Malachite’s Big Hole
Law and Justice:
In the wilderness, justice was what you and your companions determined it to be, and law was enforced at the muzzle end of a rifle or the tip of a knife. Where large groups of men were living and traveling together, packing supplies to the mountains or in fur brigades, often times a set of rules regarding common situations might be communicated and enforced. The Bourgeois or Captain would generally have the final say in enforcing the rules though.
Rudolph Kurz writes in his journal "One can easily understand why people in these wilds rarely resort to process of law. Among the promiscuous white inhabitants of this region there are many rough and vicious characters, in dealing with whom one recognizes the need of promoting peace and harmony just as in an Indian camp. Every man is armed; every man protects his own house and his property; with knife or shotgun he requites every insult. One who loves his life guards against giving offense. It is not their idea of honor to challenge the offender and give him still another chance to commit an outrage by killing an innocent person. Fighting duels is no means of obtaining divine judgment. One hears among white people hereabouts, therefore, fewer violent disputes, and witnesses fisticuff fights less frequently than in civilized States, for the reason that, knowing the deadly consequences, people guard against giving cause for strife.”
"The wolf could have been shot, but orders were not to shoot in camp, for fear of accidentally killing some one, and so Mr. Wolf again escaped."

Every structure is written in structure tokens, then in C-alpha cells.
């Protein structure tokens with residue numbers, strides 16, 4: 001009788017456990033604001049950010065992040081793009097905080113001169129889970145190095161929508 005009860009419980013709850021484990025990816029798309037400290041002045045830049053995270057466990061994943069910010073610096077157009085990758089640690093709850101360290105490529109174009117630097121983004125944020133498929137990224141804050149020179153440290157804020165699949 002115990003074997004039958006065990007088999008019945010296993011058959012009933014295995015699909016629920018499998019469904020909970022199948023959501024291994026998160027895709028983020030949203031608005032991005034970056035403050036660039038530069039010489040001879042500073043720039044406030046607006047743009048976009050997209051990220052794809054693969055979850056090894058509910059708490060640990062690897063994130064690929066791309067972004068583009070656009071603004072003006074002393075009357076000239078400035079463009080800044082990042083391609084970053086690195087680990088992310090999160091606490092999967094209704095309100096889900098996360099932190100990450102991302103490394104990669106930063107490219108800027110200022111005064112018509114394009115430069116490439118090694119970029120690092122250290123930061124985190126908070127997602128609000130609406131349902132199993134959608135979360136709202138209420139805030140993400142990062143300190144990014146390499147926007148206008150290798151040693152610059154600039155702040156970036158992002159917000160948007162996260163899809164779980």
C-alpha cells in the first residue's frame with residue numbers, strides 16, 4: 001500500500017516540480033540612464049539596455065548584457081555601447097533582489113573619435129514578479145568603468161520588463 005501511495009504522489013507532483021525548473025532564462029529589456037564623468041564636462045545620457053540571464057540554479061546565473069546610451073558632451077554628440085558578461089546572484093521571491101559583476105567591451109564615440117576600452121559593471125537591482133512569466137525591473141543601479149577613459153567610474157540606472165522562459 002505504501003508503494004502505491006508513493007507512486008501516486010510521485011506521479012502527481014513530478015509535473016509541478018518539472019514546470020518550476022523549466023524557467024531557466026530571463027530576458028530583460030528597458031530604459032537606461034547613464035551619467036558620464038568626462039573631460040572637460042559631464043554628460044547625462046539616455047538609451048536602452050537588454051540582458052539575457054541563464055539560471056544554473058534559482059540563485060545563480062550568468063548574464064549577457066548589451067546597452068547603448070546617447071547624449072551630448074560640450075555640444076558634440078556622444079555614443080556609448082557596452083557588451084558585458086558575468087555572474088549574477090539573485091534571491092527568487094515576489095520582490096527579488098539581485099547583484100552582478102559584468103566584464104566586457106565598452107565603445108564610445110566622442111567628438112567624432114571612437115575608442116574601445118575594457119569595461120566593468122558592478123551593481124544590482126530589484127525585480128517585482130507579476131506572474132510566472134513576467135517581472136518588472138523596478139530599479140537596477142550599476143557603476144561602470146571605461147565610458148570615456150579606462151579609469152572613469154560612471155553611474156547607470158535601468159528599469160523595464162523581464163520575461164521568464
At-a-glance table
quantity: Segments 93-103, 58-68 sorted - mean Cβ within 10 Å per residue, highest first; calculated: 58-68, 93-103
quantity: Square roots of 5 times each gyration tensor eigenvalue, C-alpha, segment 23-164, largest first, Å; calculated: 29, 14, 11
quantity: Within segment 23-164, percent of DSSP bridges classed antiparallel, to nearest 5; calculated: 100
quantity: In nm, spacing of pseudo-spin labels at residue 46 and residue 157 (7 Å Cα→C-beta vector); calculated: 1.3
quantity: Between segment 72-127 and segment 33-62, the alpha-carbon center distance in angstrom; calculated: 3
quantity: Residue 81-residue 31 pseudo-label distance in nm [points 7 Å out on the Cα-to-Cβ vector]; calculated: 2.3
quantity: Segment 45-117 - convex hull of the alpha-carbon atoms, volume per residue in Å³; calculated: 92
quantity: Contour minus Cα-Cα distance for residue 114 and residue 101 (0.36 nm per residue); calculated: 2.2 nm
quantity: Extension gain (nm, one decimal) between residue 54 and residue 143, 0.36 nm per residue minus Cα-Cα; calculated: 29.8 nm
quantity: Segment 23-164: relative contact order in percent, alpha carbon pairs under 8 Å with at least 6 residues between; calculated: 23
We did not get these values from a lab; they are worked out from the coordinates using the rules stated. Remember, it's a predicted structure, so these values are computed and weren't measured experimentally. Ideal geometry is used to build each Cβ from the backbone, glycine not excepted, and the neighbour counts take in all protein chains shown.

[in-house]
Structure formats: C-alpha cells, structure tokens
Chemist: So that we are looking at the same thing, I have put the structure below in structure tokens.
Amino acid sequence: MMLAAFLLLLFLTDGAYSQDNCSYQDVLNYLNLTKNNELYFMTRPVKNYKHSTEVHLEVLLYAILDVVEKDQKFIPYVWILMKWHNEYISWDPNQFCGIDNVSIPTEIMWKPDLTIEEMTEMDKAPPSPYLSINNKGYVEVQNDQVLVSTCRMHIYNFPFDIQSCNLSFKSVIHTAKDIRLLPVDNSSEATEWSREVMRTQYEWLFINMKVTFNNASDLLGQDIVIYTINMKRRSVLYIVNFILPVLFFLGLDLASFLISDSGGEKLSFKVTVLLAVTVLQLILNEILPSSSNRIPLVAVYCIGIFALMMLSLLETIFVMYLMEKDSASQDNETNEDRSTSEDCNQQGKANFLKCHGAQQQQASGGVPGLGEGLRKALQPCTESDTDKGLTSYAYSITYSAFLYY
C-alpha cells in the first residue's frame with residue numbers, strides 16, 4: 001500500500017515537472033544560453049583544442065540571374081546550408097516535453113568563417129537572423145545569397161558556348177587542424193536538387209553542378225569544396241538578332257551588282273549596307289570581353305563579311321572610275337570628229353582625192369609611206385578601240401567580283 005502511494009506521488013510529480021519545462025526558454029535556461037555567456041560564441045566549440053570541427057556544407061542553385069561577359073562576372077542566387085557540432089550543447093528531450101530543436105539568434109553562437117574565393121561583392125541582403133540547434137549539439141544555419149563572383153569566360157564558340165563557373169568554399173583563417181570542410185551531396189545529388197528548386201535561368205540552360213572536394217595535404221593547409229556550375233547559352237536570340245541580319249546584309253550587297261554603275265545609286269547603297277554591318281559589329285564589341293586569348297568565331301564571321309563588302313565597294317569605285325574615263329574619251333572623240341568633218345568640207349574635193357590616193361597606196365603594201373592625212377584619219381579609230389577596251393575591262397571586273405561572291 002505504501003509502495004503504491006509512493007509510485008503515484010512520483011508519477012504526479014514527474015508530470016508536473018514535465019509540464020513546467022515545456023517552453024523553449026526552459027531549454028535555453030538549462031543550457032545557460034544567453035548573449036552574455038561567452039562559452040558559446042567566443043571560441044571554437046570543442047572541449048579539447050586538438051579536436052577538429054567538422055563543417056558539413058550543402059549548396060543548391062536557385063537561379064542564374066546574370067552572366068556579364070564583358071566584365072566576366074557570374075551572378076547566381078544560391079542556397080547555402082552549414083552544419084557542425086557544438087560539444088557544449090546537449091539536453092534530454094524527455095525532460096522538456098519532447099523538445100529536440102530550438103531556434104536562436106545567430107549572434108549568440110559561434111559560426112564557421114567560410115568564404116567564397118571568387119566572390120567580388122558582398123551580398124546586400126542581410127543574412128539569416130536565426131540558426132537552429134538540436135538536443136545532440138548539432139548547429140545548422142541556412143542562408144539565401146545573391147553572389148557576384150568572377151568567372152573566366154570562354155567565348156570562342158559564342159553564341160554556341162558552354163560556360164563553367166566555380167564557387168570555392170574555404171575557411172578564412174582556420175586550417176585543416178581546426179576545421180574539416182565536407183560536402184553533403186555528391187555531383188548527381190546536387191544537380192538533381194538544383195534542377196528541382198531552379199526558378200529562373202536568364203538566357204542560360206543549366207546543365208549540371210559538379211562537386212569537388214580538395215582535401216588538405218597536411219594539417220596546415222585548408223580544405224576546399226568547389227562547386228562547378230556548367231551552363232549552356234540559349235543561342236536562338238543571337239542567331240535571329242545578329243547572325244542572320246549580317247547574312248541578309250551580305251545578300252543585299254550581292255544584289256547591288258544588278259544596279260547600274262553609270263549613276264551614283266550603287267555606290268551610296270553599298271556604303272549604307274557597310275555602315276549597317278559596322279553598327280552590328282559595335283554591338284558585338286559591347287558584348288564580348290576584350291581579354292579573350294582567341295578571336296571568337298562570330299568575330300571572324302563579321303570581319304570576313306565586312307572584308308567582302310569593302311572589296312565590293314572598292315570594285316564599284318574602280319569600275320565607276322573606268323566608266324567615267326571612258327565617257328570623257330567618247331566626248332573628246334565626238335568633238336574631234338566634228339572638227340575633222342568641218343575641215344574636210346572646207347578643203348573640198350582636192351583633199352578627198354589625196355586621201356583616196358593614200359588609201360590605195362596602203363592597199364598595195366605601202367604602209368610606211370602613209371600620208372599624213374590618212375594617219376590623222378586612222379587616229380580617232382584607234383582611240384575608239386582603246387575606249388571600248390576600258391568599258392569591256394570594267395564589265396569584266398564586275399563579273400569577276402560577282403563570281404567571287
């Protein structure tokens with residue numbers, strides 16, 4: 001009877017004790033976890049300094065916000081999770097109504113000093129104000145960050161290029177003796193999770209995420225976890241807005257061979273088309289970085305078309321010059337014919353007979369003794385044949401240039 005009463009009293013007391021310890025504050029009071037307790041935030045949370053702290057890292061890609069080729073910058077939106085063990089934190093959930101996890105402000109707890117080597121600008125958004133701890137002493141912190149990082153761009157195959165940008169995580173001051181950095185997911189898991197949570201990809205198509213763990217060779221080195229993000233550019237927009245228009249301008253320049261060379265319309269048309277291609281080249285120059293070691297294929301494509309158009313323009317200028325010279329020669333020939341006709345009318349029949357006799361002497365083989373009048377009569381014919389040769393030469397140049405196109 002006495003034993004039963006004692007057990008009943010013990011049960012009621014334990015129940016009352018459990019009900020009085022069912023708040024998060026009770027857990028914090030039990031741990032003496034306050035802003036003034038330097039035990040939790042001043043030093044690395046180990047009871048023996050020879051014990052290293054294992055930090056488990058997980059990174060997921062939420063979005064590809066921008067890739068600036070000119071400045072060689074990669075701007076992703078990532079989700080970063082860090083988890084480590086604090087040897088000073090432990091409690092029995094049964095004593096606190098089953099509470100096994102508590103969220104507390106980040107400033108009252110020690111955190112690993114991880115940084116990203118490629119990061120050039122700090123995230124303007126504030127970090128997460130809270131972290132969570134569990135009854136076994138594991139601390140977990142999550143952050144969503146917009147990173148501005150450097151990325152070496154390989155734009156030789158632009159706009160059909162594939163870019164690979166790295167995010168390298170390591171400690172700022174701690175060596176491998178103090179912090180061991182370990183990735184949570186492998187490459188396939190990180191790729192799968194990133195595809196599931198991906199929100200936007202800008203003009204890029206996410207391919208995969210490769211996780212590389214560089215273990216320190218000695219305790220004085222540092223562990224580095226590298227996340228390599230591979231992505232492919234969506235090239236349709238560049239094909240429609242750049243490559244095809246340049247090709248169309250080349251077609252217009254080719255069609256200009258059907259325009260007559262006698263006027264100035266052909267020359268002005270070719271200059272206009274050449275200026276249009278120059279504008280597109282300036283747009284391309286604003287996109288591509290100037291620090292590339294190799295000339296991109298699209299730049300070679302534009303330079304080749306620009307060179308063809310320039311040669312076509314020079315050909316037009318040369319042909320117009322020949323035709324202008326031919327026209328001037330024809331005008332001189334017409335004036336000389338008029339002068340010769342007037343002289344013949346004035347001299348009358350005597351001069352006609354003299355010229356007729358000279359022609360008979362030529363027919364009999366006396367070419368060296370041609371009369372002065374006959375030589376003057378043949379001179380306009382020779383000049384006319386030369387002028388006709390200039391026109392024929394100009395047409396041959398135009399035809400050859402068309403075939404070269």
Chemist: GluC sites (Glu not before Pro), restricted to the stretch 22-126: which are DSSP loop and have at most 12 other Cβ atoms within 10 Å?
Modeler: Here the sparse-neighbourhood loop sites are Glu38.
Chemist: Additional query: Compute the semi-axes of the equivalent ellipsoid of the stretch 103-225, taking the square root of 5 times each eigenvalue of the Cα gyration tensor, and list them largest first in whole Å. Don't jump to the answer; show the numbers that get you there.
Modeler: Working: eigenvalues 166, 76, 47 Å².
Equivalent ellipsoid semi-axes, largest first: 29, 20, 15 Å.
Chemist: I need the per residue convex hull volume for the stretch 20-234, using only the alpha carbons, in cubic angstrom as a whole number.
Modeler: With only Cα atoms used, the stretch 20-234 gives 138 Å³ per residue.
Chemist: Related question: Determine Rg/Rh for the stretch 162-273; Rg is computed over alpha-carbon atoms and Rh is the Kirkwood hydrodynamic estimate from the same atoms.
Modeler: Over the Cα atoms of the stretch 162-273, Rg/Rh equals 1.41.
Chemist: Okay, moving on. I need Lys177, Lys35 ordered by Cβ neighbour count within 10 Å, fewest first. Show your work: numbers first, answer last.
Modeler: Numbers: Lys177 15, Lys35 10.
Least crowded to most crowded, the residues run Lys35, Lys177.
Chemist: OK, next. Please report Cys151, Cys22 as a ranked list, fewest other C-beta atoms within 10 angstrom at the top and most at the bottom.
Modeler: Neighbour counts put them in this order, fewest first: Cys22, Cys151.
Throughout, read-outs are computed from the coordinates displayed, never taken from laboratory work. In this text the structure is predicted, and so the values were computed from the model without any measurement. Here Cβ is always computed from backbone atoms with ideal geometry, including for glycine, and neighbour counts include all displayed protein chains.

The above statement was written July, 1833 by Charles Larpenteur in Forty Years a Fur Trader. The setting is during the the 1833 Rendezvous. At this years rendezvous a wolf infected with hydrophobia was running rampant through the camps at night biting both men and livestock. Larpenteur through his description shows that there were basic, established health and safety rules in camp, which were strong enough that no-one broke the rules in spite of the obvious hazard to life and health that the sick wolf represented.
"At the height of the spree the tailor and one of the carpenters had a fight in the shop, while others took theirs outside, and toward evening I was informed that Marseillais, our hunter, had been killed and thrown into the fireplace. We immediately ran in, and sure enough, there he was, badly burned and senseless, but not dead yet. We were not at first sure whether this was the mere effect of liquor, or had happened from fighting; but we learned that a fight had taken place, and on examination we found that he had been stabbed in several places with a small dirk. Knowing that the tailor had such a weapon, we suspected him and demanded it. He was at that time standing behind his table; I saw him jerk the dirk out of his pocket and throw it under the table. I immediately picked it up; it was bloody, and from its size we judged it to be the weapon with which the wounds had been inflicted. Having learned that the carpenter had also been in the fight, they both were placed in irons and confined to await their trial. As such Christmas frolics could not be brought to a head much under three days, the trial took place on the fourth day, when a regular court was held. Everything being ready, the criminals were sent for, the witnesses were well examined, and after a short session the jury returned a verdict, "Guilty of murder." The judge then pronounced sentence on the convicted murderers, which was that they be hanged by the neck, until they were "dead, dead, dead!" But, not considering it entirely safe to have this sentence executed, he changed it to thirty-nine lashes apiece. John Brazo was appointed executioner. Always ready for such sport, he immediately went in quest of his large ox-whip, and, not making any difference between men and oxen, he applied it at such a rate that Mr. Mitchell, the judge, had now and then to say, "Moderate, John, moderate"; for had John been suffered to keep on, it is very likely that the first sentence would have been executed."